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The social determinants of health have been described as “the causes of the causes” of illness. They affect people’s health and well-being in the environment into which “they are born, grow up, live, work and age.”
Key behavioural pathways leading to NCDs and jeopardizing the achievement of SDG3.4 (by 2030, reduce by one third premature mortality and promote mental health and well-being) have long been identified, and frequently the focus in NCD prevention has been on improving diet, reducing smoking prevalence and harmful use of alcohol, and increasing physical activity, as well as managing conditions following diagnosis. Much of this work is within the remit of public health and health professionals. As low- and middle-income countries strive to address NCDs as a major threat to sustainable development, a social determinants approach is increasingly highlighted as one of the important focus areas due to its relevance to all sectors.
Social determinants of NCDs include: socio-economic context; inequality; level of education; gender; ethnicity; social norms; cultural beliefs and practices; social exclusion; income; employment; access to health services; and transportation; social and community support networks, including social cohesion. In addition, public policies (policy coherence) and the economic and political structures and accompanying ideologies shape the adverse circumstances negatively influencing health.1
By definition, the social determinants of health are the result of human action and therefore their transformation requires human efforts involving intersectoral and coherent public policies that can be implemented through the whole-of-society and whole-of-government approach for health equity.
The social determinants approach is central to achieving not only SDG targets, including SDG 3.4 on the one third reduction of premature mortality from NCDs, but other related targets as well, such as SDG 3.8 on enhancing universal health coverage. However, aligning policies, regulations and actions across various sectors and stakeholders has proved to be a challenge, as countries strive to implement their NCD commitments and achieve universal health coverage.
Interventions on the social determinants of NCDs can be defined through using analysis of the determinants in shaping interventions across the life-course in order to enable children, young adults and elderly to live up to their full potential and have control over their lives. Taking action to improve the conditions of daily life well before birth, during early childhood, at school age, during reproductive and working ages, are particularly important to improve populations’ mental health and to reduce the risk of those mental health disorders that are associated with health inequalities.2
These interventions may include poverty-reduction strategies, social protection measures, community engagement, including addressing social norms and cultural beliefs, enhanced health literacy and tailored health promotion approaches. Furthermore, social determinants of health underpin the implementation of all SDGs due to their interlinked nature and the need for policy coherence and intersectoral interventions, most of which fall outside the health sector.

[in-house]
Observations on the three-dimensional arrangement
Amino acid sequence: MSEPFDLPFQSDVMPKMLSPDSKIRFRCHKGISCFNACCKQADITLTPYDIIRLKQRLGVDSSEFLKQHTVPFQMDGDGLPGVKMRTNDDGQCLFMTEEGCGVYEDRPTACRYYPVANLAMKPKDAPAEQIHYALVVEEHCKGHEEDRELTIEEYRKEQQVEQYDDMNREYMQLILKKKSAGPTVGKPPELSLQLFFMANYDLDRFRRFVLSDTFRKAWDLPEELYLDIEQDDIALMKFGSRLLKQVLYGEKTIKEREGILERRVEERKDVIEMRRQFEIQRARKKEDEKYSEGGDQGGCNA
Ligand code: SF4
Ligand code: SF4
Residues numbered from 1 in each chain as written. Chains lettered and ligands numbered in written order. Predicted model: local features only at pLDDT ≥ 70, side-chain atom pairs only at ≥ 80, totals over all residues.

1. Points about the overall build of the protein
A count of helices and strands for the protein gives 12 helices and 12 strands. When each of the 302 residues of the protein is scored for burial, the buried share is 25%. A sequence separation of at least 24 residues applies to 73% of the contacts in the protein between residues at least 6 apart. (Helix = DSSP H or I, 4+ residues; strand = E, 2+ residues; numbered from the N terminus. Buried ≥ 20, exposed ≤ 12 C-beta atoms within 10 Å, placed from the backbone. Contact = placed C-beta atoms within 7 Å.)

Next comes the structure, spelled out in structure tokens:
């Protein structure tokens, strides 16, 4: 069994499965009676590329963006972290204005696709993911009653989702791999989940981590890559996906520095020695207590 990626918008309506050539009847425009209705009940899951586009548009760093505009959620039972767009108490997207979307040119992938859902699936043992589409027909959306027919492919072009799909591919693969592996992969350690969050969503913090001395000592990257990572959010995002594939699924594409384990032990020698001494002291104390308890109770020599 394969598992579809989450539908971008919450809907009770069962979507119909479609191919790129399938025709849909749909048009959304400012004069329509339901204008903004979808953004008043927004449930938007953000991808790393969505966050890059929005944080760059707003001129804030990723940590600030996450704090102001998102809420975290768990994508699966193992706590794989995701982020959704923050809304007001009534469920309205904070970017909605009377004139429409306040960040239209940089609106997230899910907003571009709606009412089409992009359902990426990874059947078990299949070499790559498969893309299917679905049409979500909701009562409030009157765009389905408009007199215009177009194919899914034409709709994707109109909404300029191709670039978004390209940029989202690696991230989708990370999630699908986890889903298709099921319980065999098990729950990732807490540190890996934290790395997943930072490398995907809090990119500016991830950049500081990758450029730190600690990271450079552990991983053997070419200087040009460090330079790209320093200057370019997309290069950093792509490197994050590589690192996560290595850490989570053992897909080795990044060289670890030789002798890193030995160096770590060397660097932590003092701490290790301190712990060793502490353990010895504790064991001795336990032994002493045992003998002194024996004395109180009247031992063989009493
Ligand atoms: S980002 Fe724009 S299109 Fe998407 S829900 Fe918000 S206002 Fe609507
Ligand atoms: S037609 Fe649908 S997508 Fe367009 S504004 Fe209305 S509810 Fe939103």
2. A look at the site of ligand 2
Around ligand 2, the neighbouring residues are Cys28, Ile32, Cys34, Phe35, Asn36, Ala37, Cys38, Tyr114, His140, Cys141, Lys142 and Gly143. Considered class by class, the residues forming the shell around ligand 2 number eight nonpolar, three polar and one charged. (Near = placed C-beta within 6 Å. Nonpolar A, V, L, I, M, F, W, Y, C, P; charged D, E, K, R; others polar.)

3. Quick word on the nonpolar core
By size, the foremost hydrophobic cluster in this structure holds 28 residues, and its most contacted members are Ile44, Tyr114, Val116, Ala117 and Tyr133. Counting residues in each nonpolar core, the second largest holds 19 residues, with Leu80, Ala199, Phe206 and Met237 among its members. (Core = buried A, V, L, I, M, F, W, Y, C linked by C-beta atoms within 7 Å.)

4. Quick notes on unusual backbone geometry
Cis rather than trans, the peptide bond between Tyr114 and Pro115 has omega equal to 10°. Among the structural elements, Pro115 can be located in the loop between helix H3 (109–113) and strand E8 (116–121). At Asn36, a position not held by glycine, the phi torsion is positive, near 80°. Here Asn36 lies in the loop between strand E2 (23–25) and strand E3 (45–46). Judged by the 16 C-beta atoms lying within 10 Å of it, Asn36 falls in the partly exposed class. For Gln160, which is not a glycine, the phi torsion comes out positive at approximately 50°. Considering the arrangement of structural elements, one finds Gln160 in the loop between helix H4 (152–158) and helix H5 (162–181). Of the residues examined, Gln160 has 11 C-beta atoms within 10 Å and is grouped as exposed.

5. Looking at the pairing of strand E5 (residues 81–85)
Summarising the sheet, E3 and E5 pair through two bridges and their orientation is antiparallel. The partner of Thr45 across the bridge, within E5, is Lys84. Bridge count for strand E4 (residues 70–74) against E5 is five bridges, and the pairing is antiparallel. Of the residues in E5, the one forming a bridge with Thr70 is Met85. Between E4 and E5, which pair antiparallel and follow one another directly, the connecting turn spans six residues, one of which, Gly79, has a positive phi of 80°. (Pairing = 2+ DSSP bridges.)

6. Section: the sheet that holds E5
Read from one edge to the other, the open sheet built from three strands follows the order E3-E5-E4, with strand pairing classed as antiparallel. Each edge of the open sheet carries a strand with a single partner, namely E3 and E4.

The health sector, an important social determinant itself, also has an important role within the Health-in-all Policies, whole-of-government and whole-of-society frameworks to act as a facilitator of policy development and coordination across sectors and stakeholders. As a backbone of health systems, medical professionals have a critical role in the prevention and control of NCDs. Therefore, it is important to ensure that healthcare workers are trained to have clinical competency in global health and primary care and understand the preventive strategies for NCDs and their social determinants.
Current medical and nursing curricula, particularly in low- and middle-income countries, have not kept pace with the changing dynamics of public health, health policy and health demographics. As a result, medical education in these countries does not adequately cover the prevention and control of NCDs. Medical education and training should be reoriented by introducing competency-based, health system-connected curricula that reflect national needs and priorities. In addition, continuous education should incorporate knowledge of social determinants for NCD prevention to respond to the demands of evolving health systems, changing disease patterns and growing patient expectations.
1 Raphael D. The Social Determinants of Noncommunicable Diseases: A Political Perspective. Global Handbook on Noncommunicable Diseases and Health Promotion 2013: pp95-113.
2 World Health Organization and Calouste Gulbenkian Foundation. Social determinants of mental health. Geneva, WHO 2014.
Director, Institute of Health Equity
Department of Epidemiology and Public Health, University College London
Director, Noncommunicable Diseases and Mental Health
Pan American Health Organization
United States of America
South African Medical Research Council
Ludwig Maximilian University Munich
Public Health Agency of Sweden
Harvard FXB Center for Health and Human Rights
United States of America